The death of presidential candidate Eduardo Campos makes it even more likely Brazil’s October election goes to a second round and could put President Dilma Rousseff under more pressure as she seeks a second term. Campos died in a plane crash on Wednesday and his running mate Marina Silva is expected to pick up the baton and run for president herself. She is a popular figure who won 19.3 percent of the vote when she ran in 2010. Silva has greater name recognition and more supporters than Campos had given that the campaign is still in its early stages. Her candidacy could give his Brazilian Socialist Party a boost and deprive Rousseff of votes she needs to avoid a second-round runoff against her main contender, Senator Aecio Neves.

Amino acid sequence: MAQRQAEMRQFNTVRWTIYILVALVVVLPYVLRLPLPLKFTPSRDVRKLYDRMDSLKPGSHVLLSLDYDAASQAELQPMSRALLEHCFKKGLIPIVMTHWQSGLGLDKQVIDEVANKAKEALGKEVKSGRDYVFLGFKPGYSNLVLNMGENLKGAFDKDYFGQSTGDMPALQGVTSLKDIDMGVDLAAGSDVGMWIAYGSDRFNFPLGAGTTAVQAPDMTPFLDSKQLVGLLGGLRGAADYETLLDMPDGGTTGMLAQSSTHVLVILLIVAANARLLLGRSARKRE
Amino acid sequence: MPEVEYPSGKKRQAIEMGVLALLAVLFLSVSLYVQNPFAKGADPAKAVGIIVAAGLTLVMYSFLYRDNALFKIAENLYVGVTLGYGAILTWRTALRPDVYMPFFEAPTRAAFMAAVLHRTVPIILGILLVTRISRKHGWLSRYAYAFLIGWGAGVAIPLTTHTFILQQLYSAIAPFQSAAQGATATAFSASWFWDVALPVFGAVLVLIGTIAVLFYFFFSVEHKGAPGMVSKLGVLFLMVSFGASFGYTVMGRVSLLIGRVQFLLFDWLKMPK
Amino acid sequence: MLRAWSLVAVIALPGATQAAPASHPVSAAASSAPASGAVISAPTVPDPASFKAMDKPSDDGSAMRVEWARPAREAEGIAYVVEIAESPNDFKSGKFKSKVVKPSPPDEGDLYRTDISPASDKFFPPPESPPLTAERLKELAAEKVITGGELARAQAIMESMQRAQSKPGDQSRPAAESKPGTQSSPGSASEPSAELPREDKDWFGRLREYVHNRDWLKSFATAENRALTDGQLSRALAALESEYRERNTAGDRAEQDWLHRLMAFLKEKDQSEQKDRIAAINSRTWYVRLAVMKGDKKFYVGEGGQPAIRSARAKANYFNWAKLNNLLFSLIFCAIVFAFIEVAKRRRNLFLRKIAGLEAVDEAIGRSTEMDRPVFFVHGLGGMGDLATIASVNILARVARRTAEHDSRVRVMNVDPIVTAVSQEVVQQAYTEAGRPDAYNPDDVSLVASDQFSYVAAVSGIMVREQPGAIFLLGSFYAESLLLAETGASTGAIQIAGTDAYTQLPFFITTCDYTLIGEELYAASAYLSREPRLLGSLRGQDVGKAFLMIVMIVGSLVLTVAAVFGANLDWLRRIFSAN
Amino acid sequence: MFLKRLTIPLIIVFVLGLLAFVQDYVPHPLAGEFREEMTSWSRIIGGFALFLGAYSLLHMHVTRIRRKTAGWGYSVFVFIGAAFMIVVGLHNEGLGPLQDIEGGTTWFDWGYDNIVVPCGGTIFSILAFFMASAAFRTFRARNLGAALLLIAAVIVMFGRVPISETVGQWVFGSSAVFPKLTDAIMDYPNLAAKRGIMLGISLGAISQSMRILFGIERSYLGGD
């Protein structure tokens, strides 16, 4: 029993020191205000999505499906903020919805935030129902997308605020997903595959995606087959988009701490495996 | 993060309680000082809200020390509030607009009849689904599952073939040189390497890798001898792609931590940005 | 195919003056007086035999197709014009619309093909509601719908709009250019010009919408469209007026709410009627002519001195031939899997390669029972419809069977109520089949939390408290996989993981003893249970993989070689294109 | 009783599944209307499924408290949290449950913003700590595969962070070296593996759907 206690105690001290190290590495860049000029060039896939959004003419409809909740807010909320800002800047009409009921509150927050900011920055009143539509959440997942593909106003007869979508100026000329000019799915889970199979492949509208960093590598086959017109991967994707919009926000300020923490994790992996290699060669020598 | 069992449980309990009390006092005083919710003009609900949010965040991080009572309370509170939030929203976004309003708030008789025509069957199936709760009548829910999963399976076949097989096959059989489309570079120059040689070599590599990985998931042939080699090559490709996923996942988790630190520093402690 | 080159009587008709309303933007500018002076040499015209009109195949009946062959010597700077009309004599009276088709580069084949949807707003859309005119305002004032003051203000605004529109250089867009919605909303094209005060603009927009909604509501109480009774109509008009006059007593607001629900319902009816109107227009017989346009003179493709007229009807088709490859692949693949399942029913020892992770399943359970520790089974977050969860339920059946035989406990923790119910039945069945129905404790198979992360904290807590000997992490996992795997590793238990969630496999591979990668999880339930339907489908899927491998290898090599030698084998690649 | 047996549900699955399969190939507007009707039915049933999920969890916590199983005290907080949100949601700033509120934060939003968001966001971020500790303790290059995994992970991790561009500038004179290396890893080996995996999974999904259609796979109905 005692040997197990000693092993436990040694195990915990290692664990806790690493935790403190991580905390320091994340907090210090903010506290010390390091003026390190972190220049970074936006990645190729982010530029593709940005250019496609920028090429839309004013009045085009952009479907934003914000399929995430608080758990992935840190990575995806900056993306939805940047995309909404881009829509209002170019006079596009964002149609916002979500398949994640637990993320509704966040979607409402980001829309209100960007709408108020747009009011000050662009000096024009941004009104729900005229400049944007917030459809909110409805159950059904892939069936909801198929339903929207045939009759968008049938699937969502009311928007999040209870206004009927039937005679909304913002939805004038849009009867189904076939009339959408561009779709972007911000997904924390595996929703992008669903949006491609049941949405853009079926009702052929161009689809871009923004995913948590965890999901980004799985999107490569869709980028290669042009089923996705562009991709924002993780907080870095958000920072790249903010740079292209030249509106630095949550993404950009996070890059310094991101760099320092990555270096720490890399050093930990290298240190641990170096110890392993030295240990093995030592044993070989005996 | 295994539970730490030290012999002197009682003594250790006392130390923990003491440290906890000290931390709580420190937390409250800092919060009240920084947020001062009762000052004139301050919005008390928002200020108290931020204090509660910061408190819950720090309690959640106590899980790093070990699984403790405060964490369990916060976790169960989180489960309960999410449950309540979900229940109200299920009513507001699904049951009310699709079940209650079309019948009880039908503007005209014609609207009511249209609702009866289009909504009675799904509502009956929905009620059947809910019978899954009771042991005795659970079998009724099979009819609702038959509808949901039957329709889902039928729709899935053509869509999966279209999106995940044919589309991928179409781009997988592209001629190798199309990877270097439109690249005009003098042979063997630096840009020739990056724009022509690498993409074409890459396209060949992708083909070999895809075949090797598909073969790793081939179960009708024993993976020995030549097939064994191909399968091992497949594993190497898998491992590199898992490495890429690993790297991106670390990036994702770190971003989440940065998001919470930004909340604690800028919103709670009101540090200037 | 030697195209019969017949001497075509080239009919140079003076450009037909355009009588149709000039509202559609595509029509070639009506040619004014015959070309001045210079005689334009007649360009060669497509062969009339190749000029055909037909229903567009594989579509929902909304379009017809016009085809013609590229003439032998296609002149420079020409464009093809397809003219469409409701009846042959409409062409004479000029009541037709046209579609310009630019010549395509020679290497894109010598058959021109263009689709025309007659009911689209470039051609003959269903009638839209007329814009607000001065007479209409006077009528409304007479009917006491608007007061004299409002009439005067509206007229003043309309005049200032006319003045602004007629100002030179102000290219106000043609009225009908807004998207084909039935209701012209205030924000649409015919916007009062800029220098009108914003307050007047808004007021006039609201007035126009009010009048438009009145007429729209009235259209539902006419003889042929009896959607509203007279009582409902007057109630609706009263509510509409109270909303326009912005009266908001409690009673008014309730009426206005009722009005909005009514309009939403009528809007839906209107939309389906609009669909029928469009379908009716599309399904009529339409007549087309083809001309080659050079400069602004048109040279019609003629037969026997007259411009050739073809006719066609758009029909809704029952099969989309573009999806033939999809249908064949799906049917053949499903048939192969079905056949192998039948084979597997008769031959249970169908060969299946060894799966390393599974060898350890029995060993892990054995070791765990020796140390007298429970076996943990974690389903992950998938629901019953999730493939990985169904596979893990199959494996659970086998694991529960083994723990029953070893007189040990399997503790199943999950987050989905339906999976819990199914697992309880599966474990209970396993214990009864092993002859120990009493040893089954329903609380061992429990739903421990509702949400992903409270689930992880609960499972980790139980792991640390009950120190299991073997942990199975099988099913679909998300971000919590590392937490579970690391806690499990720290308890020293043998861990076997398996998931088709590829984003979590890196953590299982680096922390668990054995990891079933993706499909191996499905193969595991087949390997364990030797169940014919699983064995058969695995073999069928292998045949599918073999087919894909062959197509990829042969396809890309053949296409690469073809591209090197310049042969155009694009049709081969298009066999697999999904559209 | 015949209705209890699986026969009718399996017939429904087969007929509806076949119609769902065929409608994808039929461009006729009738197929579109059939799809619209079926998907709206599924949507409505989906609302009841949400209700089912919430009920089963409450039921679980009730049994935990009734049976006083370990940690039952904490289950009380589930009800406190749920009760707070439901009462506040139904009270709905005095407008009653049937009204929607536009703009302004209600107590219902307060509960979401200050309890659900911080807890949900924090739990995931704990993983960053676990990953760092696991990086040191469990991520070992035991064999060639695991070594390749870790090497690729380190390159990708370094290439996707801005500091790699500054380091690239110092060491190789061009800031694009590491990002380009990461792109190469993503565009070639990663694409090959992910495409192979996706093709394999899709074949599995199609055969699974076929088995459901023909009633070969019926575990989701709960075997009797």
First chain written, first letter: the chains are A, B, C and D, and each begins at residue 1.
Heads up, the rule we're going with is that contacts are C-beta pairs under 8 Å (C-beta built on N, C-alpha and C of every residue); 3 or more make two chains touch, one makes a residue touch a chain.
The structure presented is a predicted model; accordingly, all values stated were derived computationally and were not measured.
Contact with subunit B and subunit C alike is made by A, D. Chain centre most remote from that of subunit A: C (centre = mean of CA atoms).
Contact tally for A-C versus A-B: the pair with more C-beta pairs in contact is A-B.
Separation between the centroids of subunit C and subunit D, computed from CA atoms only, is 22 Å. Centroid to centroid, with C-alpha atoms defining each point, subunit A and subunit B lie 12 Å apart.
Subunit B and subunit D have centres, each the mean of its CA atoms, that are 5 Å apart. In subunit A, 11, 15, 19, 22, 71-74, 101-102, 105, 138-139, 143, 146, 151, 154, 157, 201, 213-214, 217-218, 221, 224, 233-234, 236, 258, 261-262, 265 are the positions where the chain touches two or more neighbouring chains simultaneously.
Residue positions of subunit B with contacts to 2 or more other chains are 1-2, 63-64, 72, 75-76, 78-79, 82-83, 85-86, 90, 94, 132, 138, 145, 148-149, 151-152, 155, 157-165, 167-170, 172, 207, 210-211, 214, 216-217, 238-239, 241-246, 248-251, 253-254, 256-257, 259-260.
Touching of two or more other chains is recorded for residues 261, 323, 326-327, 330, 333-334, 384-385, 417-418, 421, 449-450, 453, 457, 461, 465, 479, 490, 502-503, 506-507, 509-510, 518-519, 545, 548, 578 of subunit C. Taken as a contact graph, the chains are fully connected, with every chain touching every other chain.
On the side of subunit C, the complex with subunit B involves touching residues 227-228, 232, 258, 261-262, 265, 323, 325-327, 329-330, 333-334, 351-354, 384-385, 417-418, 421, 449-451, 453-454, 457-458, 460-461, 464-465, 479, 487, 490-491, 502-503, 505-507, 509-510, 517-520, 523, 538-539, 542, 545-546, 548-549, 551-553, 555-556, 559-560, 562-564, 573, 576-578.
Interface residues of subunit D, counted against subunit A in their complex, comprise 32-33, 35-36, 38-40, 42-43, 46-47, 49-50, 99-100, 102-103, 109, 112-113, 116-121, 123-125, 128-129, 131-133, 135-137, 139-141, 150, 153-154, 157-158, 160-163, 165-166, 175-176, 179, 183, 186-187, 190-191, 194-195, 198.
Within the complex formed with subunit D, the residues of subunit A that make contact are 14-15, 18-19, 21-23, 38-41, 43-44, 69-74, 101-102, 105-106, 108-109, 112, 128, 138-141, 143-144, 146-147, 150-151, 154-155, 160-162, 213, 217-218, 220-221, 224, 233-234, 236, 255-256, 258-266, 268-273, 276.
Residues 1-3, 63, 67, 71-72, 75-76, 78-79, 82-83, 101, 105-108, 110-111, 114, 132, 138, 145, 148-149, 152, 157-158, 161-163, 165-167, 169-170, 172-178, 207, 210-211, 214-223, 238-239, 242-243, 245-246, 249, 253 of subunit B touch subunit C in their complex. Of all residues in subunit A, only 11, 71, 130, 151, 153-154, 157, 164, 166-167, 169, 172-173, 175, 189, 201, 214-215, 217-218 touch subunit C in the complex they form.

“The chances of a second round have increased a lot, because Marina Silva will draw more votes away from Rousseff than she will from Aecio Neves,” said David Fleischer, a professor of politics at the University of Brasilia.
However, some observers speculated that a significant surge for Silva could put her ahead of Neves and even knock the pro-business centrist out in the first round of voting.
Silva has 10 days to register as the presidential candidate of Campos’ party. She is expected to do so but it is by no means a given.
In the event Silva opts against running for president, Rousseff could win the election outright on Oct. 5, analysts said.